Like a Children’s Author, for the Very First Time
Dana Spera says she has no interest in children’s books. But yesterday at noon she was outside the Barnes & Noble store on 48th Street and Fifth Avenue, begging to be let in for a glimpse her favorite author.”I can’t breathe!” she shouted. “I just can’t! I want to meet her!”
The author’s name “Madonna” was written across Ms. Spera’s headband, her earrings, a ring, and a bracelet. It was also tattooed onto her leg, with a dreamy image of the pop star’s face and her birthdate: August 16, 1958.
Ms. Spera, 27, had shown up along with several hundred other fans, hoping to watch Madonna hand out signed copies of her new children’s book, “The English Roses,” which was released last week to a juggernaut of publicity in more than 100 countries and in 30 languages.
But only 250 people were chosen by lottery to receive signed copies at yesterday’s event, and Ms. Spera was left standing out in the intermittent rain with hundreds of other disappointed fans and curious onlookers.
Most of the lottery winners, who were allowed to wait inside, appeared to be in their 30’s and 40’s “closer to Madonna’s current maternal incarnation than her earlier, wilder phases” and many had children with them.
Few of them seemed troubled by the difference between her first book, “Sex,” which included photographs of Madonna wearing only black leather gloves and a bunny tail, and the new effort to refashion herself as a children’s author.
“I was a huge Madonna fan back in the 80’s,” said Kristine Woodward, 37, who came with her 5-year-old daughter, Julia. Now, she said, she and her daughter “bop to the same music together.”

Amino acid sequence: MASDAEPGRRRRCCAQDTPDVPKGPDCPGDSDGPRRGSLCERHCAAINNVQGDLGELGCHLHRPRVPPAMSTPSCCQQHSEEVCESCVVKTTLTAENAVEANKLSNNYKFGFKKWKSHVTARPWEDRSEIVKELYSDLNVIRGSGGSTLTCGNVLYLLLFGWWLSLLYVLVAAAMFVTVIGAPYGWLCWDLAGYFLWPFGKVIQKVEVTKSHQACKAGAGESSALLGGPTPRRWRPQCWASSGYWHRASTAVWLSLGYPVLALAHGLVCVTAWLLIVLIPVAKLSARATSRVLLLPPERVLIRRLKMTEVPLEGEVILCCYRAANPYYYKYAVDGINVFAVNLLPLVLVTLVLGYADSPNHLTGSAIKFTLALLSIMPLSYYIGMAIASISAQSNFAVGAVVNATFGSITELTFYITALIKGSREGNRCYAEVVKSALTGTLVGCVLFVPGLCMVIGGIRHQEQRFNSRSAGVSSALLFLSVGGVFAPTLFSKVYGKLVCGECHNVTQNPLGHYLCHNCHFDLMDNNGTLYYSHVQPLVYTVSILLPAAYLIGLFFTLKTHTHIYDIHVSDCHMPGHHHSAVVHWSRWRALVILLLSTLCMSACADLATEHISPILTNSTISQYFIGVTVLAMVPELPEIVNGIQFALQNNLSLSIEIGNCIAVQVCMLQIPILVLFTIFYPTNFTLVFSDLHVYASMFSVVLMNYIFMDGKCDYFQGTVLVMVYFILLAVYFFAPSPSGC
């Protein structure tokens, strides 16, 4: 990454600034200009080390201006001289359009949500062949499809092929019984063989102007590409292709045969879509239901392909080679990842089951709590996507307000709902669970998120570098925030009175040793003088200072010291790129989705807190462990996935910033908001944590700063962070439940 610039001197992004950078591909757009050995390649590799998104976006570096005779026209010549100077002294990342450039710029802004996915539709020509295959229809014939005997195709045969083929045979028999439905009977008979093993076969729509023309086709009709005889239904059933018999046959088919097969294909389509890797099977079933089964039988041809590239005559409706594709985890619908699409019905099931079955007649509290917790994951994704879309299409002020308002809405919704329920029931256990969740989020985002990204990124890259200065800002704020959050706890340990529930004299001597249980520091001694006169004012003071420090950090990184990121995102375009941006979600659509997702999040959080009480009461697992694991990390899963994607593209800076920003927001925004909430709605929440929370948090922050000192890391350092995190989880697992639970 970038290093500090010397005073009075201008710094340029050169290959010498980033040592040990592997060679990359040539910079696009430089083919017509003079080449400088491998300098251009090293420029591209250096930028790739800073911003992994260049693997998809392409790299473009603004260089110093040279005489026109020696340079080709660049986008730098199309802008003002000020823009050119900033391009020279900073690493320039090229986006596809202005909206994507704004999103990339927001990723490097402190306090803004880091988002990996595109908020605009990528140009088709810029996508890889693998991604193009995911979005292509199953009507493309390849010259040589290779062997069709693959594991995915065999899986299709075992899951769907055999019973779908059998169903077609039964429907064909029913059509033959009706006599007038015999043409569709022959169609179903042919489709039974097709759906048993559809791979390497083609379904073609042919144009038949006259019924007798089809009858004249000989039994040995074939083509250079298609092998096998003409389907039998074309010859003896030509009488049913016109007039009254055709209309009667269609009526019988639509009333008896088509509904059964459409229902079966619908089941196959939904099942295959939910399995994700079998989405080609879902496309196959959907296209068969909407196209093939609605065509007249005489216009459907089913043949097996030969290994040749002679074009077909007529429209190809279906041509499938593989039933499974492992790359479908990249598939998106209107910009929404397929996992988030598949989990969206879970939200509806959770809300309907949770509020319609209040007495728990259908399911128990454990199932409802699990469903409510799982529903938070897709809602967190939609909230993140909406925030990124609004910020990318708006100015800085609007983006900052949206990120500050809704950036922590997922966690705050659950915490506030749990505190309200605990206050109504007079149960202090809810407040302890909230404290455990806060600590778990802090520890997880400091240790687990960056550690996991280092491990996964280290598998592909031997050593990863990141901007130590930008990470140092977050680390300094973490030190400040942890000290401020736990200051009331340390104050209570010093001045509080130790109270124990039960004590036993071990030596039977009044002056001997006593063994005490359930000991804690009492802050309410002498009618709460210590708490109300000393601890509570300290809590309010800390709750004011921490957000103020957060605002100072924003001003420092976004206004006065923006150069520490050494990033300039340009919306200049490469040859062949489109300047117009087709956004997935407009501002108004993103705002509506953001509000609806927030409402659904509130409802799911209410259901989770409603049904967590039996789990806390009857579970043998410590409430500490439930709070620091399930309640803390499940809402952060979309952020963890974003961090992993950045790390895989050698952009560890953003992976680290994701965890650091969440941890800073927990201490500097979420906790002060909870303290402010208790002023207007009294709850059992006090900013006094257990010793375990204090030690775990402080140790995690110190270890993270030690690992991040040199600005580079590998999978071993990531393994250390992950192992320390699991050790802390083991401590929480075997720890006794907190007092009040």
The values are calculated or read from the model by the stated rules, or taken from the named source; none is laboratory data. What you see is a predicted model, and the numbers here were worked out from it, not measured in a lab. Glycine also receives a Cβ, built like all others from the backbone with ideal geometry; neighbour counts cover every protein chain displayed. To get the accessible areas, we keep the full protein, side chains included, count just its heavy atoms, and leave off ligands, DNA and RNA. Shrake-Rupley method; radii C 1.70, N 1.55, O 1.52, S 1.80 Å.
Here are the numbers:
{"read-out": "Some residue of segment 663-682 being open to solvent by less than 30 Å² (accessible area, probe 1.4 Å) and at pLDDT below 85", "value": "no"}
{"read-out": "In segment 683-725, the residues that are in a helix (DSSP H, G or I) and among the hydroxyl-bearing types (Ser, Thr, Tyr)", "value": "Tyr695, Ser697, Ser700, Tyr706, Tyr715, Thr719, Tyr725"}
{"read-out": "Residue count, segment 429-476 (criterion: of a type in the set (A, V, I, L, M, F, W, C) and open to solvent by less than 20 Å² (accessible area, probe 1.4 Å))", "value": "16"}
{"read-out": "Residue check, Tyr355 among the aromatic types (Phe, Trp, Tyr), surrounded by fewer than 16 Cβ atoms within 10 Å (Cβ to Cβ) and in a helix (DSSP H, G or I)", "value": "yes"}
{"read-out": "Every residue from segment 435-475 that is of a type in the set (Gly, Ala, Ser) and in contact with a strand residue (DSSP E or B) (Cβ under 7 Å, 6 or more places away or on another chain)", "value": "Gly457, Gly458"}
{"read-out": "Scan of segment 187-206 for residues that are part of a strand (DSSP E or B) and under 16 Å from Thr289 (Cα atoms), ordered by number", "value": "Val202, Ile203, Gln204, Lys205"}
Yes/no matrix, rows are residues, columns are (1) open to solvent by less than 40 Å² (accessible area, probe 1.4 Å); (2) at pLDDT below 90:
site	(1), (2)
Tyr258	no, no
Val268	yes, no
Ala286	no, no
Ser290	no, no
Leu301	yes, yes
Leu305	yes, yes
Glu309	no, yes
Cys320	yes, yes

Like most of those in the line, Ms. Woodward had not read the book. “I hear it’s a beautiful piece of artistry,” she said dreamily.
A few passers-by were more skeptical.
“We shouldn’t judge her by her insane past,” said Denise Fuhrer. “Maybe she has a normal streak. But I wouldn’t let any granddaughter of mine read that book.”
A few of the fans lining the block had read the story, which describes four young English girls and their jealousy of another, more beautiful girl named Binah who lives down the block.
But most people seemed far more interested in Madonna than in her book. Michael Zorek had brought his 18-month-old son, Jeremy, to add another photograph of the baby with a celebrity. He already has dozens, including Puff Daddy, Bill Clinton and Hillary Rodham Clinton, and the stars of “Law and Order.”
“I figure this will be better than the normal pictures of the baby on the rug or the baby with Grandma,” Mr. Zorek said.
Inside the bookstore, scores of young women pretended to browse books while waiting for the star to make her appearance. Finally, about 4 o’clock, loud shouts went up as Madonna appeared on a second-floor gallery at the back of the store.
But Madonna, dressed in a brown skirt and tan sweater vest, soon disappeared to the back of the store, sequestered with the lottery winners by security guards and a velvet rope line. Reporters were not allowed in. After the signing was over, a stream of deliriously happy fans began to emerge with their signed books.
“She read the first two pages of the book, and asked the girls what characters they identified with,” said Michelle Rose, who had come with her two young daughters. “It was such a great experience, because she keeps reinventing herself, and now I can identify with her as a working mom.”
Standing nearby, Irene Vornik, a visitor from St. Petersburg, Russia, watched the crowd with a mix of wonder and horror.
“It’s so stupid!” she said. “But it’s interesting.”
Source: Robert F. Worth, New York Times